In humans, the incubation period of the virus is 1-3 months. This means that the symptoms start manifesting after 1-3 months of the initial infections. In some cases, however, incubation periods have been found to be as short as four days or even longer than 6 years. The following clinical features (symptoms) are generally observed in human beings-
- Violent and aggressive movements
- Uncontrolled excitement
- An unexplained fear of water (hydrophobia)
- Immobility of certain parts of the body
- Mental confusion
- Loss of consciousness
- Sleep disorders (insomnia)
- Agitated behavior
- Paranoia and trauma
- Coma and death
The most dangerous symptom of a rabid person is hydrophobia, or “fear of water”. It is a collective term for a group of symptoms where a person has difficulty swallowing water and cannot quench his thirst properly. These people show extreme panic when presented with water or other liquids.
The diseased person thereby produces large quantities of saliva. They may experience spasms in the muscles of the throat and larynx while trying to drink. This is often explained by the fact that the virus replicates and accumulates in the salivary glands of the infected host. Nearly 80% of the rabid people experience hydrophobia.
Which diagnostic tests are available?
The diagnosis of rabies should be done very carefully, since in the early stages it is often confused with certain mental diseases which are characterised by aggressive behaviour. The World Health Organisation (WHO) recommends Fluorescent Antibody Test (FAT), which is basically an immunohistochemistry procedure to detect rabies. Certain light microscopy tests are also effective in detecting the disease. Differential diagnosis should be carried out in order to rule out diseases caused by enteroviruses, arboviruses and herpesviruses.
How to treat and prevent Rabies?
Post-exposure treatment can prevent the disease within 10 days of exposure to the virus. Povidone-iodine or alcohol is usually recommended to reduce the spread of the virus. One dose of Human Rabies Immunoglobulin (HRIG) and four doses of rabies vaccine over a period of 14 days can help prevent the disease. The domesticated animals should be immunised on time and taken for regular checkups to a veterinary surgeon in order to detect diseases if any at a very early stage. This will considerably reduce the increasing global burden of zoonotic diseases.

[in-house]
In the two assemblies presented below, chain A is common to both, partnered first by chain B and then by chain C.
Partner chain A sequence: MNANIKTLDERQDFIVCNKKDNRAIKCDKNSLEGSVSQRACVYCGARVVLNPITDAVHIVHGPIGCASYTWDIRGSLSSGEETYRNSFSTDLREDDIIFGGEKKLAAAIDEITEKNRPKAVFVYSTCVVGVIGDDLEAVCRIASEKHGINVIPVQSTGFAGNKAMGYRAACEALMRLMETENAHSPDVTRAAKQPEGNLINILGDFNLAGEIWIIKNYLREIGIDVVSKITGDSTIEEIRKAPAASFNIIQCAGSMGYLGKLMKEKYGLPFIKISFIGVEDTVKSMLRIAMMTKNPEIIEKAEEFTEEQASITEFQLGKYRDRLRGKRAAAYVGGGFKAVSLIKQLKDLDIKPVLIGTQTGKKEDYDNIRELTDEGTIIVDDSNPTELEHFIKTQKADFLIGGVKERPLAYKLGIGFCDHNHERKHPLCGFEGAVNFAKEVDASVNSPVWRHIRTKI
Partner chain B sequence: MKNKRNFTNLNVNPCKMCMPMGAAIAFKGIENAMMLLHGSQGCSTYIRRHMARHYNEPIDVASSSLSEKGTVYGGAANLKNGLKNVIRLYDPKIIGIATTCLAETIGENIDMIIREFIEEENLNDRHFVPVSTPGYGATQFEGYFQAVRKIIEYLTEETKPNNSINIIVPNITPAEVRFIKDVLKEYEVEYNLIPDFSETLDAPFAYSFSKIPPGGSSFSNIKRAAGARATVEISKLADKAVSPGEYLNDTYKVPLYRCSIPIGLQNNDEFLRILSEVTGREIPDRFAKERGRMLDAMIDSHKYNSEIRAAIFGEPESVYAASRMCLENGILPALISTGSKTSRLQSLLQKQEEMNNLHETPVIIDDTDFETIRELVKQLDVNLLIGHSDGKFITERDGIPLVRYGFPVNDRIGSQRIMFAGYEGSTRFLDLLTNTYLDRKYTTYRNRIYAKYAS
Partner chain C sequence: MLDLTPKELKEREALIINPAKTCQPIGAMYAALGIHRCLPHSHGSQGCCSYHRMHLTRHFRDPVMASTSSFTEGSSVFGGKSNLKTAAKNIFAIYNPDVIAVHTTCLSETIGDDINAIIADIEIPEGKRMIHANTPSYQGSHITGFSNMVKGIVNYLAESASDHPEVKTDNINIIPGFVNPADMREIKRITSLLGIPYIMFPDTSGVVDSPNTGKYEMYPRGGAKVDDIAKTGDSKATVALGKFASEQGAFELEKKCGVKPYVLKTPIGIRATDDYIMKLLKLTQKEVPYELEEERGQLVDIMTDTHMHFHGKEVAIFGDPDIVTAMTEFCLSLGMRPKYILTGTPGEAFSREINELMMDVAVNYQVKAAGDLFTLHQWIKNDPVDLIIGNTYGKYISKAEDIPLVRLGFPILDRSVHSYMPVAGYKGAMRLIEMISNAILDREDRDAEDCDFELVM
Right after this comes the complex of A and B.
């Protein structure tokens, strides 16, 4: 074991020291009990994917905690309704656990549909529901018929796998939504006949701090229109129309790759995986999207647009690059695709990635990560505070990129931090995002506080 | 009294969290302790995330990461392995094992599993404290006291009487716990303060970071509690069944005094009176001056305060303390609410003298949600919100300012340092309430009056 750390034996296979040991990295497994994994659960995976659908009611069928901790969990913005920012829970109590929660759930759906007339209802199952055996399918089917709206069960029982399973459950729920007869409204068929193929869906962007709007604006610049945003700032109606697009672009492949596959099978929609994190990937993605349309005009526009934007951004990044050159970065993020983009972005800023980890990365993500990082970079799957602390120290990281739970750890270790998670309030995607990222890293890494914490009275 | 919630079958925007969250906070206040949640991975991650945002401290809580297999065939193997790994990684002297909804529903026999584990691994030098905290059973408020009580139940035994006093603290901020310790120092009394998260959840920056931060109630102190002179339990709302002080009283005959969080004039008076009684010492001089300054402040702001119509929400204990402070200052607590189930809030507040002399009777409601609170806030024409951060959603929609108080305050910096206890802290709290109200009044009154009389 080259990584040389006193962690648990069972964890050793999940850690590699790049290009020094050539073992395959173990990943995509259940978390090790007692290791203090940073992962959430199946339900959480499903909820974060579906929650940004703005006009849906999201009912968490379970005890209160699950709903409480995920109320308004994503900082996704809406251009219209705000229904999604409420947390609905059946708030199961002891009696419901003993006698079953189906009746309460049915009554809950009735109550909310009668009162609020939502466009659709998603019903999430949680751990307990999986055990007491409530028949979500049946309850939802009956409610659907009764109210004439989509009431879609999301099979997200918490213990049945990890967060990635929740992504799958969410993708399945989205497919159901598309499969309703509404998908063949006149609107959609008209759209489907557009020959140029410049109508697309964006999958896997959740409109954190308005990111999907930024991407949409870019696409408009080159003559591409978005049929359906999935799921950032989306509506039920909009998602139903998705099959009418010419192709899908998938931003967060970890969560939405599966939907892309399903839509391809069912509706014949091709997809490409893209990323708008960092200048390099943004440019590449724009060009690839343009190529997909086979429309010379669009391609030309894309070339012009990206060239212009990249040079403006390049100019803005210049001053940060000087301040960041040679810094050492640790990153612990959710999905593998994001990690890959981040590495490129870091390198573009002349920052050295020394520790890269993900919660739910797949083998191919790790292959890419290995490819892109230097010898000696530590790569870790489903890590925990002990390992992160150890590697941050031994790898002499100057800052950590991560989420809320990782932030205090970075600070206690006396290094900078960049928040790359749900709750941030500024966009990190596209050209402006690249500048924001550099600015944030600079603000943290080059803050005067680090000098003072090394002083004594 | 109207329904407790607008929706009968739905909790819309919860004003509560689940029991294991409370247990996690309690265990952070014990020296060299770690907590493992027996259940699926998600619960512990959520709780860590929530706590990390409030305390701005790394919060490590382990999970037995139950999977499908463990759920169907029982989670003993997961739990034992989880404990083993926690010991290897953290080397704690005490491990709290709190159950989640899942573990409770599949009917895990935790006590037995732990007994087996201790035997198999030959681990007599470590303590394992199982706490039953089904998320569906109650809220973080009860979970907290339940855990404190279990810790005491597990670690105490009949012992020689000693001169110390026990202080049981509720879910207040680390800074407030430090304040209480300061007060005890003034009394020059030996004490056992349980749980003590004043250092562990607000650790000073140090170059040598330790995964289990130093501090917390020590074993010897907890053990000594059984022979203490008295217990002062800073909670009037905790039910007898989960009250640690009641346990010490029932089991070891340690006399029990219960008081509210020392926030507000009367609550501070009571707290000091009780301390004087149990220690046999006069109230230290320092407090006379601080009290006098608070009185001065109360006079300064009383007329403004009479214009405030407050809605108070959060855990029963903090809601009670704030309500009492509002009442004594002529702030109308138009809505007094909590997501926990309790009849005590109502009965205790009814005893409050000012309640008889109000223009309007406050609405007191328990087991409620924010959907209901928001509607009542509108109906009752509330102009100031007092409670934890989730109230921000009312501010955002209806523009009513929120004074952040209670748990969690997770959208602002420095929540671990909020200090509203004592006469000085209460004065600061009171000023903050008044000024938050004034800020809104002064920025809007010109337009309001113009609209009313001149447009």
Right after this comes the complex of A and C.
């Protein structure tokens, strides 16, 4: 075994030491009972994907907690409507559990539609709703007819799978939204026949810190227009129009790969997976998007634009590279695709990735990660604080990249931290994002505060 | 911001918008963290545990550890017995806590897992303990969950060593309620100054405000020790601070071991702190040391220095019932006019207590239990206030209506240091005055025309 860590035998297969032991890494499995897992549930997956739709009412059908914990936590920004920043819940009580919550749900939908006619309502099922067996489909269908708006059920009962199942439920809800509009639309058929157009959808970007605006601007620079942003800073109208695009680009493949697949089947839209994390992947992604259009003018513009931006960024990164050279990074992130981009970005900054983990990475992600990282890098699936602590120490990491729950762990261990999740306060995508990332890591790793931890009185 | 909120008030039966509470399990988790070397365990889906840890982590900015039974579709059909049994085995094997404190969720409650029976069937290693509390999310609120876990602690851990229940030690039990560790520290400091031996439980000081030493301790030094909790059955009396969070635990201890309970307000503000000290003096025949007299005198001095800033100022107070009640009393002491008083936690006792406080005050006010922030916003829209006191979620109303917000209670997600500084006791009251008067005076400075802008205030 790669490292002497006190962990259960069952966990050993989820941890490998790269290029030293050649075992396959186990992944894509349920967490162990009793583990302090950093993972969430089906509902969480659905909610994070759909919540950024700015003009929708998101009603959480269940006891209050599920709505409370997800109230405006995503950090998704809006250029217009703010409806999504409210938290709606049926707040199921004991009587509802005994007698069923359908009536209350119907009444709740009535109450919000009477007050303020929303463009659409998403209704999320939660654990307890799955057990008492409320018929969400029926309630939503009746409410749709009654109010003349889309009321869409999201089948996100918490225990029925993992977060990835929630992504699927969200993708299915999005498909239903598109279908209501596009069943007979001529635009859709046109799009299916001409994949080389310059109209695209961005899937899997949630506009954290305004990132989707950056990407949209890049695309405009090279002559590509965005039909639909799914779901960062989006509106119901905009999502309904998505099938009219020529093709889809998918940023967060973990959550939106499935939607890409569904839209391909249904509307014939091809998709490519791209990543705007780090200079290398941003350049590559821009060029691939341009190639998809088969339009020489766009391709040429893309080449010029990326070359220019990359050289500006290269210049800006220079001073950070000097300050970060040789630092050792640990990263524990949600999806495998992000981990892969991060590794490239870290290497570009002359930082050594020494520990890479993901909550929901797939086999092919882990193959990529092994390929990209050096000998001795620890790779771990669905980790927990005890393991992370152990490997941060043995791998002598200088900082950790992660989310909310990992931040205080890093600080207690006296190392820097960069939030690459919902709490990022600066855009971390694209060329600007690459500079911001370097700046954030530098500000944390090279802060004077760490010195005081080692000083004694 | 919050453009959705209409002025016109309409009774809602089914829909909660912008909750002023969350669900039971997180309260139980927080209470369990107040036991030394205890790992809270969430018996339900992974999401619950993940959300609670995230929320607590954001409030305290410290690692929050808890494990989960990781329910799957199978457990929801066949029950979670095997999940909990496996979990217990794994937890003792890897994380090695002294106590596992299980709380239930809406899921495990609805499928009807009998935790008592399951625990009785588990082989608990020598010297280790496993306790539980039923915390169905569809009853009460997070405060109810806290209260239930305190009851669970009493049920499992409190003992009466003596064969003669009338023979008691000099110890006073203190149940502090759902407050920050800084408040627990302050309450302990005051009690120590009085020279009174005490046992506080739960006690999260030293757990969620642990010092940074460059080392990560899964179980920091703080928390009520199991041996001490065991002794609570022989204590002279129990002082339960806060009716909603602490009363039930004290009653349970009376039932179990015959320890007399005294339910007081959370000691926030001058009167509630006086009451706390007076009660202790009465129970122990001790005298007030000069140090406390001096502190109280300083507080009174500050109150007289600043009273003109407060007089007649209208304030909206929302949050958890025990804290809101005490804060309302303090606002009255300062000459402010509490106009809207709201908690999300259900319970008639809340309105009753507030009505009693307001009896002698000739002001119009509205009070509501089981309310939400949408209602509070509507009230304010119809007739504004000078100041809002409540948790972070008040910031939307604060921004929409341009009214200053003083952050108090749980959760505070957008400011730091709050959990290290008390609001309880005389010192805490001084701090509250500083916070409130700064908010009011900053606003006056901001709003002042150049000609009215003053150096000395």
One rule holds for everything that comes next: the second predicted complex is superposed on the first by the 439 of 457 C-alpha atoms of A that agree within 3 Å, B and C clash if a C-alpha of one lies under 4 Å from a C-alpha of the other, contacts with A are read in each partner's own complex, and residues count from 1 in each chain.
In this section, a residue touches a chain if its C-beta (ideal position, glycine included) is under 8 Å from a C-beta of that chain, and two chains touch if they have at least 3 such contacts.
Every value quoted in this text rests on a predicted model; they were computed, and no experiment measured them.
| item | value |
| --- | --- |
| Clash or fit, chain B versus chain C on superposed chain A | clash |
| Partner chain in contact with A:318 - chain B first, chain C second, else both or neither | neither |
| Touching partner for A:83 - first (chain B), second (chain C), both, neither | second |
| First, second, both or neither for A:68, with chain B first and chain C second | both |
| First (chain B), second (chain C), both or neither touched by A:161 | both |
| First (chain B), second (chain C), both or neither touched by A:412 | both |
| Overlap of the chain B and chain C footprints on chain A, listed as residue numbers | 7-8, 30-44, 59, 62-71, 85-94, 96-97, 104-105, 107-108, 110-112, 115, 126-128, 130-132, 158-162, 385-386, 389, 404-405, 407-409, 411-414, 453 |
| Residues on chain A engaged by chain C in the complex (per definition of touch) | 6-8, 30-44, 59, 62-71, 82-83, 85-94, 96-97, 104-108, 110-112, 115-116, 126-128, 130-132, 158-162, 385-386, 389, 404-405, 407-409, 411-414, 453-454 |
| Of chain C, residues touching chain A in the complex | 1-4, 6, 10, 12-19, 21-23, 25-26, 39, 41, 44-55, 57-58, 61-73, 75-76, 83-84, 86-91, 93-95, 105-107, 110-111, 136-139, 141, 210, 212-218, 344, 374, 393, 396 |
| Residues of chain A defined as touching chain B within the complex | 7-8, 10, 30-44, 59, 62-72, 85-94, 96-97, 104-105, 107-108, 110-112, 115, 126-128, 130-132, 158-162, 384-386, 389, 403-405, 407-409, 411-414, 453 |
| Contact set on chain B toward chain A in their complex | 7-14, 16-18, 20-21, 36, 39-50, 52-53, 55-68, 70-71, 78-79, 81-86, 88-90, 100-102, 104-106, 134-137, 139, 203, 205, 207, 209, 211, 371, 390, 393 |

- Rabies can be acquired from both domestic and wild animals.
- Almost 95% of all rabies cases are reported in Asia and Africa with 99% of these cases occurring as a result of dog-bites.
- Almost 59,000 fatalities occur every year due to rabies.
- Rabies can only be transferred from animals to humans, hence it is known as a zoonotic disease.
- Almost 40,000 people worldwide receive PEP or post-exposure prophylaxis owing to the fact that they were bitten by a potentially rabid animal.
- The annual number of dogs associated with rabies is 81, whereas in case of cats it is 300.
- Wild animals such as skunks, raccoons, and bats are most commonly affected by rabies virus.
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Dos and Don'ts
- If you have been bitten by an animal, especially in regions with high risk of rabies, immediately wash the wound with soap and water. Visit a hospital immediately.
- If you are visiting a country which has high rabies rates, consider getting an anti0rabies vaccination.
- Vaccinate your pets against rabies. This is a sure shot way of preventing rabies.
- Delay the treatment of rabies. It takes only a week for an unattended rabies patient to succumb to death.
- Use tincture iodine on the wound. Use alcohol-based sanitizers or after-shave lotions to kill the virus.
- Suture a rabies wound or apply external agents such as turmeric or plant juices. These will irritate the wound further and cause the viral infection to spread.